As you think through these various reactions - from coveted target shopper to discerning professional - keep in mind that the subtle nuances of the professional are ones that the shopper may not verbalize, but still reacts to.

I've always enjoyed how Target stores exude the Target brand, in a way not too dissimilar from The Apple Store and the Apple brand. This store doesn't disappoint. In fact, it's the best Target brand execution I've seen so far.

Given this intimate exposure to Target in my backyard, I've been paying more attention to Target's presence online. In Target Grand Opening Riverdale, NJ, I was disappointed in my poor search results. Well, did you know that Target has created a Facebook group, strongly branded as you can see in the image above, with close to 15,000 members? [Starbucks has too many to count with over 100,000 members; those look to be user created. Apple has an Apple Students site with 400,000 members.]

I learned recently that Target has a strong direct marketing heritage, having hired many former Fingerhut marketers. That explains the focus on traditional direct marketing activities to drive sales, and exploration with new venues like Facebook to promote contests. It will be interesting to see if Target's interactive marketing groups integrate efforts with corporate communications, advertising and local store activities in the future.

In the meantime, the Riverdale, NJ Target retail store experience does not disappoint, with great attention having been placed on reinforcing the iconic Target brand at every opportunity starting with the large bulls eye signaling the turn off to drivers, to parking lot symbology, to numerous examples in store. Are you as consistent with your store experience?

Technorati Tags: Del.icio.us Tags:


Anonymous said...


Target always surprises me, in a good way, and that's good for marketing and sales. Wal-Mart could learn a thing or two from Target.

Valeria Maltoni said...

CB: great reference to the subtle distinctions in verbalizing what we react to -- professionals are used to doing that. But also a good lesson for social media. The more opportunities you give people to have a blank space to tell you anything they think, the greater the chance you will capture that feedback even when not verbalized professionally.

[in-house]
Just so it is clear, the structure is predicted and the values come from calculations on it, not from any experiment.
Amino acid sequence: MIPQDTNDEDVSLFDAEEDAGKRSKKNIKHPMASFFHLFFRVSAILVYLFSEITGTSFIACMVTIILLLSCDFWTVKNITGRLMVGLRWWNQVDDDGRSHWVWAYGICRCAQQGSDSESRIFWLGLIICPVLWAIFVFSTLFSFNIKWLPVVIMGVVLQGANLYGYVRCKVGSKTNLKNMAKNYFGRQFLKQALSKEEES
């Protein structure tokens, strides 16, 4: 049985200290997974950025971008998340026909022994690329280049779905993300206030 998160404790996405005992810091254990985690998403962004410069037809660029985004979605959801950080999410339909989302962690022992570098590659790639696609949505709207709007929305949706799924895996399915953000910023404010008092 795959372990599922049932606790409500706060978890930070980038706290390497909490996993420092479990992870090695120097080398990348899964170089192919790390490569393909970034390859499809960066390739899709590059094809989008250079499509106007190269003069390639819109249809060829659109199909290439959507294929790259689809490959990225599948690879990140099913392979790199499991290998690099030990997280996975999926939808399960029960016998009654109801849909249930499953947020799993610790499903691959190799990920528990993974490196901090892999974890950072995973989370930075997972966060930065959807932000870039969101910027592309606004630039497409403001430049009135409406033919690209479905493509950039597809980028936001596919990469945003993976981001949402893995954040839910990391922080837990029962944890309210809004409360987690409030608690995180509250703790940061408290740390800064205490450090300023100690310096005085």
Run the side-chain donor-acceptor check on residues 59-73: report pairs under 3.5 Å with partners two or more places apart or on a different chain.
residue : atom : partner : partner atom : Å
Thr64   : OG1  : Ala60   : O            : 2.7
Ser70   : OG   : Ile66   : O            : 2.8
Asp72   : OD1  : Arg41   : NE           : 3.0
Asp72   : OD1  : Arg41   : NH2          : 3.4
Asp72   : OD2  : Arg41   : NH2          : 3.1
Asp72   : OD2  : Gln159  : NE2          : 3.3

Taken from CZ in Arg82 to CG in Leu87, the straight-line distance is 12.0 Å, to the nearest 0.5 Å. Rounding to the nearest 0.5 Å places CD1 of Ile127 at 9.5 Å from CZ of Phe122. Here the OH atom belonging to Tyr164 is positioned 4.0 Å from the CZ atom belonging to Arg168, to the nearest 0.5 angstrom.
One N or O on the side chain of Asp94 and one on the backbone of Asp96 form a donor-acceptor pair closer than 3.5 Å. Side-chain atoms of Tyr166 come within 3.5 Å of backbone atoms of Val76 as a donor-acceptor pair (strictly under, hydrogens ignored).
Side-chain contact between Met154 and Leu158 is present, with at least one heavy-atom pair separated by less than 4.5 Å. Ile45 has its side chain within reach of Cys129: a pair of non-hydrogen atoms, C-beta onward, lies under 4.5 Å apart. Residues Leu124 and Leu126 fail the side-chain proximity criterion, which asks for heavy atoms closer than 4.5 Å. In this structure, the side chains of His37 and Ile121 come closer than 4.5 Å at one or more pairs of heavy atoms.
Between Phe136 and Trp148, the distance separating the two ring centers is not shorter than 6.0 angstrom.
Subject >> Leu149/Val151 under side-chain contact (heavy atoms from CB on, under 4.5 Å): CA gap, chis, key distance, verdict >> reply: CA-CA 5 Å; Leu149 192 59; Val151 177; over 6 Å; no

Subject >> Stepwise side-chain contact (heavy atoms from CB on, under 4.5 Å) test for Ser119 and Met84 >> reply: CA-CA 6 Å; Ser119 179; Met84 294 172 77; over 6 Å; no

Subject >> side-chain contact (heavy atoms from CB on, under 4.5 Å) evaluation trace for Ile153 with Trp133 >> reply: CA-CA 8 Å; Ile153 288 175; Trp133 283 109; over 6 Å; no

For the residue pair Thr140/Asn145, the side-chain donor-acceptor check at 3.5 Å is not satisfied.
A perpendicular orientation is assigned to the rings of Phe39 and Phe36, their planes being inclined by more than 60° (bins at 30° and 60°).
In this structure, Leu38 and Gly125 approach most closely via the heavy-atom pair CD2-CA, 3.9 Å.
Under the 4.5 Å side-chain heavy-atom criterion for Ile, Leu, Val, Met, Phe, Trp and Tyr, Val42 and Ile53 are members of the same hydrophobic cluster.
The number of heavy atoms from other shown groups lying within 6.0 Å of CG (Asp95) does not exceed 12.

About parking lots -- this is where design *needs* to improve. I might do a post on this very topic. The whole experience starts in the lot.

CB Whittemore said...

Lewis, I agree completely. Our new Target opens 1 mile away and approx. 1 year after Wal-Mart has. The contrast between the two is intense.

CB Whittemore said...

Valeria, you are so right about parking lots! This Target has an unusual signage element at the parking lot that I need to photograph. I look forward to your post!

Anonymous said...

As one who promotes promotional codes for Target I've got to admit they've got a great relationship with their affiliates like me as well. They're always supportive to any questions I have with prompt answers. Gotta love the bull's eye.

CB Whittemore said...

Target fan, it's great to hear Target has such a good relationship with affiliates. They have brilliant visuals and promotional messages. Gotta love the bull's eye is right!

Anonymous said...

Choices: A Target Executive’s Experience

Work over family
Quantity over quality

I’ve made some bad choices, but my worst was accepting the promotion which cost me everything. After 9-11 and the passing of my father, I chose to switch career fields. As a school business administrator, my summers were crazy and I never saw my wife—a teacher—and kids during their off time.

I worked retail in high school and college and loved it, so I joined Target. In my six plus years with Target, I never once said “No” to a new challenge. I moved to four different stores, each position gaining opportunity and responsibility. My last move and promotion came with only three days notice in April of 2006 taking me from home to a new state to open a new store. Target was months behind getting someone into the store and needed me quickly. My wife and I had discussed the possibilities before hand and knew, eventually, my relocation would be necessary for promotion. Several of my peers had relocated with Target and told me Target’s policy was to buy your house if you can’t sell it. After speaking with the relocation company and my superiors, they confirmed the buyout situation, so off I went.

Long story short, an egregious home inspector with a chip on his shoulder created a list of deficiencies which we corrected. A second, third and fourth inspector came, creating more lists and making new call outs. In the end, my house was not bought because of wording deemed exclusionary on the very last contract, on the very last day. This part of the story involves a blizzard and getting caught in the car for seventeen hours on the way to a Target meeting on the same day the contract expired. I digress.